Although it may not have the attention of the recent presidential election, news of Puerto Rico’s plebiscite is making its way around the country. We were struck by a particularly thoughtful post online for a news source from the Upper Peninsula of Michigan, where very few Puerto Ricans live.
In the comments section of a story about the plebiscite, Lenvil King Jr. wrote:
For 114 years Puerto Rico has been a territory of the United States, and since 1917 all Puerto Ricans have been US citizens.
However, with their not being an actual state they are denied some of the most basic RIGHTS guaranteed to us by the Constitution, and the citizens are unable to vote for the President.
Despite the fact they are citizens of this country, just like you or me, only the “fundamental rights” under the federal constitution apply to Puerto Ricans.
Puerto Ricans also have a long history of service in the U.S. armed forces and, since 1917, they have been included in the U.S. compulsory draft whenever it has been in effect.
Though the Puerto Rican government has its own tax laws, its residents are also required to pay most U.S. federal taxes, with the major exception being the federal personal income tax, but only under certain circumstances.Residents of Puerto Rico pay into Social Security just like everyone else does in the US, and are thus eligible for benefits upon retirement. However, they are excluded from the Supplemental Security Income, and the island actually receives a small fraction of the Medicaid funding it would receive if it were a U.S. state.Also, Medicare providers receive less-than-full state-like reimbursements for services rendered to beneficiaries in Puerto Rico, even though the latter paid fully into the system.The Puerto Rican people are citizens of our country *just* like you and I.To deny them the same rights some of us seem to so often take for granted on the simple premise of “We should be a state first” is pure and unadulterated horse hockey.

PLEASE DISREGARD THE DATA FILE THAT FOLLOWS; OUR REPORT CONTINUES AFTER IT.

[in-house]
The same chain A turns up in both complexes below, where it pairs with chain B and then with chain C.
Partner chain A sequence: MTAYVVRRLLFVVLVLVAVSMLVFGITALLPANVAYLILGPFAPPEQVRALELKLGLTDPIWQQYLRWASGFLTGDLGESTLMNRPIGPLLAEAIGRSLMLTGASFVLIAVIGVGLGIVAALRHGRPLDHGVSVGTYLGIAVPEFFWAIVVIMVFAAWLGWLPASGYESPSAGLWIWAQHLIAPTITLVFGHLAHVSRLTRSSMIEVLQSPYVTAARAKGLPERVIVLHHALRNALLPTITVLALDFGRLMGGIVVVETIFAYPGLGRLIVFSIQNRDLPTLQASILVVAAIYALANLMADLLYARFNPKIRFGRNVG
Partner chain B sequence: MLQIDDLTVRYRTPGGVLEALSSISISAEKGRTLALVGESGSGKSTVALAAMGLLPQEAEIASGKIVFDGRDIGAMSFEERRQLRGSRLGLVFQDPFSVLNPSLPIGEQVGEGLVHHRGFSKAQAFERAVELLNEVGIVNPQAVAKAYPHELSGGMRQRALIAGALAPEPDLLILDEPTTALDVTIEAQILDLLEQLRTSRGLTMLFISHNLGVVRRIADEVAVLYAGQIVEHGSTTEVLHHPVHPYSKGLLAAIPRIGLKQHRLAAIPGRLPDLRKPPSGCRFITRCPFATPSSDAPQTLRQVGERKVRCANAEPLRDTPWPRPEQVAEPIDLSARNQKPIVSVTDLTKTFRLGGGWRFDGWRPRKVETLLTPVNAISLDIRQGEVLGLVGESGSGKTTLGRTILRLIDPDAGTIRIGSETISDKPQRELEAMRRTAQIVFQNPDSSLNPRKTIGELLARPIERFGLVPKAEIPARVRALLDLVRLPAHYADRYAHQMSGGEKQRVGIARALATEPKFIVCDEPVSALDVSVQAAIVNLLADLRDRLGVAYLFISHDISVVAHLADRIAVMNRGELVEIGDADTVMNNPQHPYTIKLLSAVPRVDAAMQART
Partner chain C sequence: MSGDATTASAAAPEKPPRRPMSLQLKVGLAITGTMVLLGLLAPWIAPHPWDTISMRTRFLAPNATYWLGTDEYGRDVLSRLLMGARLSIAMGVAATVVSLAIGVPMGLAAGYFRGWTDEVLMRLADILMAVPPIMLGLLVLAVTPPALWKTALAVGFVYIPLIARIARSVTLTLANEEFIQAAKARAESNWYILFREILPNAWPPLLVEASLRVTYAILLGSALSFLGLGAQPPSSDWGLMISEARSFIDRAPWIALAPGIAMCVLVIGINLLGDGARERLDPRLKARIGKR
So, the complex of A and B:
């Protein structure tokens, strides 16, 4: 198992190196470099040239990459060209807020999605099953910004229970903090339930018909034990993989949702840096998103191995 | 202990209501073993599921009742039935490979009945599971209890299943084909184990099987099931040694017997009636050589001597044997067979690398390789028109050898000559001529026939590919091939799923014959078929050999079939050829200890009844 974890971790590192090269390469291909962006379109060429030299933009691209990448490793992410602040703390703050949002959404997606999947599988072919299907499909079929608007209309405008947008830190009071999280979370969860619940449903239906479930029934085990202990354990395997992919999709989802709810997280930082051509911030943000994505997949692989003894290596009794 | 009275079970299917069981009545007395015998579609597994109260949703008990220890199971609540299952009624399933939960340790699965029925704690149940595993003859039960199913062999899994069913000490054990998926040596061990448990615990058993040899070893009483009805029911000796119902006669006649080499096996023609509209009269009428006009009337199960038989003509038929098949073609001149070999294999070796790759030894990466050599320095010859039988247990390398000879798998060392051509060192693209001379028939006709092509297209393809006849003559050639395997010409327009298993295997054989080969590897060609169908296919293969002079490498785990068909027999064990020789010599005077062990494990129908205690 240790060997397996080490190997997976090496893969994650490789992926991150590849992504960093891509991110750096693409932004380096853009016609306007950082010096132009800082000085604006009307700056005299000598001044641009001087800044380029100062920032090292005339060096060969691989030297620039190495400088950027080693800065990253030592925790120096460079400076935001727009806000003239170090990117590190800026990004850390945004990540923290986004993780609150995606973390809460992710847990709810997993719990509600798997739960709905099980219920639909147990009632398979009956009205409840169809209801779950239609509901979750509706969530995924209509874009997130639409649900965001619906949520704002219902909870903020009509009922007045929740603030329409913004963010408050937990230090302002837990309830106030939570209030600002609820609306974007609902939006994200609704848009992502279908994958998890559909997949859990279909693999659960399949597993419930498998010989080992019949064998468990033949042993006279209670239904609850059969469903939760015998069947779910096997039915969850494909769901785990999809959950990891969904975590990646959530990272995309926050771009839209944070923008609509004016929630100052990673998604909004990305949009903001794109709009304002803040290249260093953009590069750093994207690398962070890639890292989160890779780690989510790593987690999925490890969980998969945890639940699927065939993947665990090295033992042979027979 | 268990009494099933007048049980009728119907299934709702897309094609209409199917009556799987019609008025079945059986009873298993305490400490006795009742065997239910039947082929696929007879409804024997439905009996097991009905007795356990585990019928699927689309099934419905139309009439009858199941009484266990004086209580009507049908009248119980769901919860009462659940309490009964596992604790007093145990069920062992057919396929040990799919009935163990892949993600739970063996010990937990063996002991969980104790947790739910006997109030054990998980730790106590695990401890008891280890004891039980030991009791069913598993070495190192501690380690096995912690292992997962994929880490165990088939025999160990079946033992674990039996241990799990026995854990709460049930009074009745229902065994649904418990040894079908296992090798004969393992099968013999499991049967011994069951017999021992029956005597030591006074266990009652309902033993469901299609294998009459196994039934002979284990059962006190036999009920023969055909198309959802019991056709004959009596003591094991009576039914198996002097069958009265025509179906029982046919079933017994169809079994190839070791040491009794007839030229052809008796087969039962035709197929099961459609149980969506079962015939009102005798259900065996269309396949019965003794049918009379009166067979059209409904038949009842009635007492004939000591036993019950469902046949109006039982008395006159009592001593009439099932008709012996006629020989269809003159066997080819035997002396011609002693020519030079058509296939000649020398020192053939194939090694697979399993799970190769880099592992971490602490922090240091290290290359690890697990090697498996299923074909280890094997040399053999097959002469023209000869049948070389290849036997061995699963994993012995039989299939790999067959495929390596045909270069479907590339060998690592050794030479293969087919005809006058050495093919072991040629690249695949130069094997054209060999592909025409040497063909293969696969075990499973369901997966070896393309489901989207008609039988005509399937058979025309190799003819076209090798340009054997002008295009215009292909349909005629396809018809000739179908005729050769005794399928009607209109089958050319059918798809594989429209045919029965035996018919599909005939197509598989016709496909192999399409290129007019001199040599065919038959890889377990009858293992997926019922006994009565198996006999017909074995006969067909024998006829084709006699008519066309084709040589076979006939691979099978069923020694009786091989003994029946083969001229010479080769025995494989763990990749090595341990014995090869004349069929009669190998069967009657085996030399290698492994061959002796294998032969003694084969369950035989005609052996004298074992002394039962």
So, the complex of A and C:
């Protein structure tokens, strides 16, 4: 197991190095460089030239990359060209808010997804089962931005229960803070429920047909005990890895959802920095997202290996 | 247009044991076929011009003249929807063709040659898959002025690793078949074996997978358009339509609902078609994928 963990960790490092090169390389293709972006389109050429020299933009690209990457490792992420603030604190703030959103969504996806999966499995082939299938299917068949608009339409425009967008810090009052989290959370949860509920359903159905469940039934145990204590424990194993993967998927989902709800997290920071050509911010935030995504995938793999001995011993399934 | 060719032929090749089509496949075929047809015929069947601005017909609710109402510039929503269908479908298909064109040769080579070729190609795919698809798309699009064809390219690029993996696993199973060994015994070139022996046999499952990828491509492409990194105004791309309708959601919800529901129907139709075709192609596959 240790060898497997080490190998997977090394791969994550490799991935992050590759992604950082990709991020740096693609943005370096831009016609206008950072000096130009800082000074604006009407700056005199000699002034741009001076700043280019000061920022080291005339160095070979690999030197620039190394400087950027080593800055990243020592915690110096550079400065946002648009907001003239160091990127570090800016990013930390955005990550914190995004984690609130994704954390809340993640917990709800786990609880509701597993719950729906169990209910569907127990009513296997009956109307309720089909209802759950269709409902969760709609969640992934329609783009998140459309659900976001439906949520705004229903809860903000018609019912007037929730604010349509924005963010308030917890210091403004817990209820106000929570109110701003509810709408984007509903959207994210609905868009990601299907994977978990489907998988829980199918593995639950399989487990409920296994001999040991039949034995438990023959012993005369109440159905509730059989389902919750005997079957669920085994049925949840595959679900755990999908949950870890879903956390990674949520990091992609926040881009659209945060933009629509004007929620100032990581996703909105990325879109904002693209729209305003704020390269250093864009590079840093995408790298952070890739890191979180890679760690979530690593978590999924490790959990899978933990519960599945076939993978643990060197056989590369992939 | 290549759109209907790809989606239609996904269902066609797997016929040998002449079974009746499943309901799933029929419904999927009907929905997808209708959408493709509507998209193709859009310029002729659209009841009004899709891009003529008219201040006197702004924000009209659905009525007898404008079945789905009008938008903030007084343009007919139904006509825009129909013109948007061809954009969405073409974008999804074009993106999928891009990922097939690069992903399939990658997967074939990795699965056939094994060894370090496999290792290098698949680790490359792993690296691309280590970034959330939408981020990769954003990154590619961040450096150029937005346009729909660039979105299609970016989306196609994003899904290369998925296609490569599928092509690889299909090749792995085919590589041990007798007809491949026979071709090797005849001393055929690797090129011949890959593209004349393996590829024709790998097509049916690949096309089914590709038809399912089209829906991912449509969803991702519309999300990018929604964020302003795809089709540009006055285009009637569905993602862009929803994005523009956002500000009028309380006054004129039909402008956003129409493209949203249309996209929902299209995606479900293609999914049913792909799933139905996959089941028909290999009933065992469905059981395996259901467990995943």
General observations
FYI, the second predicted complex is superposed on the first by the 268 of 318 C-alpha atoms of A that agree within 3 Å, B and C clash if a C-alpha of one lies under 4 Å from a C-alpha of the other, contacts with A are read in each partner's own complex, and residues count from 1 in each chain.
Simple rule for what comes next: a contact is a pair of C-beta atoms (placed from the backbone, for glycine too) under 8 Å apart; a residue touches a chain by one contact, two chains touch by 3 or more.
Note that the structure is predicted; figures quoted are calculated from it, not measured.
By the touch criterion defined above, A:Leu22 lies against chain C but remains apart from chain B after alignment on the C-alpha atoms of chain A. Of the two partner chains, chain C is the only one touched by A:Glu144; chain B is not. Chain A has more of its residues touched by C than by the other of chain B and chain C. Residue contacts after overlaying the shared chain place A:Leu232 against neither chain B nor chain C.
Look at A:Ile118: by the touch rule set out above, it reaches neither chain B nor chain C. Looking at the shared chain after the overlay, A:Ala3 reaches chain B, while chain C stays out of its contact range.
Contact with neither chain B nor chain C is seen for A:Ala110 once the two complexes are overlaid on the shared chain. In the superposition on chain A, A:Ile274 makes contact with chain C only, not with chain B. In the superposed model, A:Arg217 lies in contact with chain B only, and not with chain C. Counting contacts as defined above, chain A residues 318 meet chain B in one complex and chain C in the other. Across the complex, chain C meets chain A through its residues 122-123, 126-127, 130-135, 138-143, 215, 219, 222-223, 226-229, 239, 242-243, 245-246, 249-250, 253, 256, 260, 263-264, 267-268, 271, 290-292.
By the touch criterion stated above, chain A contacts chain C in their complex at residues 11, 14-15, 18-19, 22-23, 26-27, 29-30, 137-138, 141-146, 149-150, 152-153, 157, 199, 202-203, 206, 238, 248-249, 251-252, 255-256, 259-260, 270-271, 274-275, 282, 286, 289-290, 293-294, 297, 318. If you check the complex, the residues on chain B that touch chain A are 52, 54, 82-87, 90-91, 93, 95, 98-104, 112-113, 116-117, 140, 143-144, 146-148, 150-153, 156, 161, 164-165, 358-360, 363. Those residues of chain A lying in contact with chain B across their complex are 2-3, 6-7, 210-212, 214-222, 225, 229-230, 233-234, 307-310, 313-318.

We in the Upper Peninsula are already in a US State with all the rights and freedoms that come along with that.
These people are paying all the bills, but not getting the benefits.
King, a resident of Michigan, speaks in contrast to the mainland suggestions that Puerto Ricans voted for statehood purely out of greed, that they really want independence (which gained less than 5% of the vote), or that they were too confused to be taken seriously. King continues:
I for one am excited for the thought of the Puerto Ricans stepping up and asking for all the perks of being citizens that they have earned and deserved since 1917.
They are American, just like me, and it will make me proud to see that hard earned 51st star, because the citizens of Puerto Rico have paid for it in sweat and blood.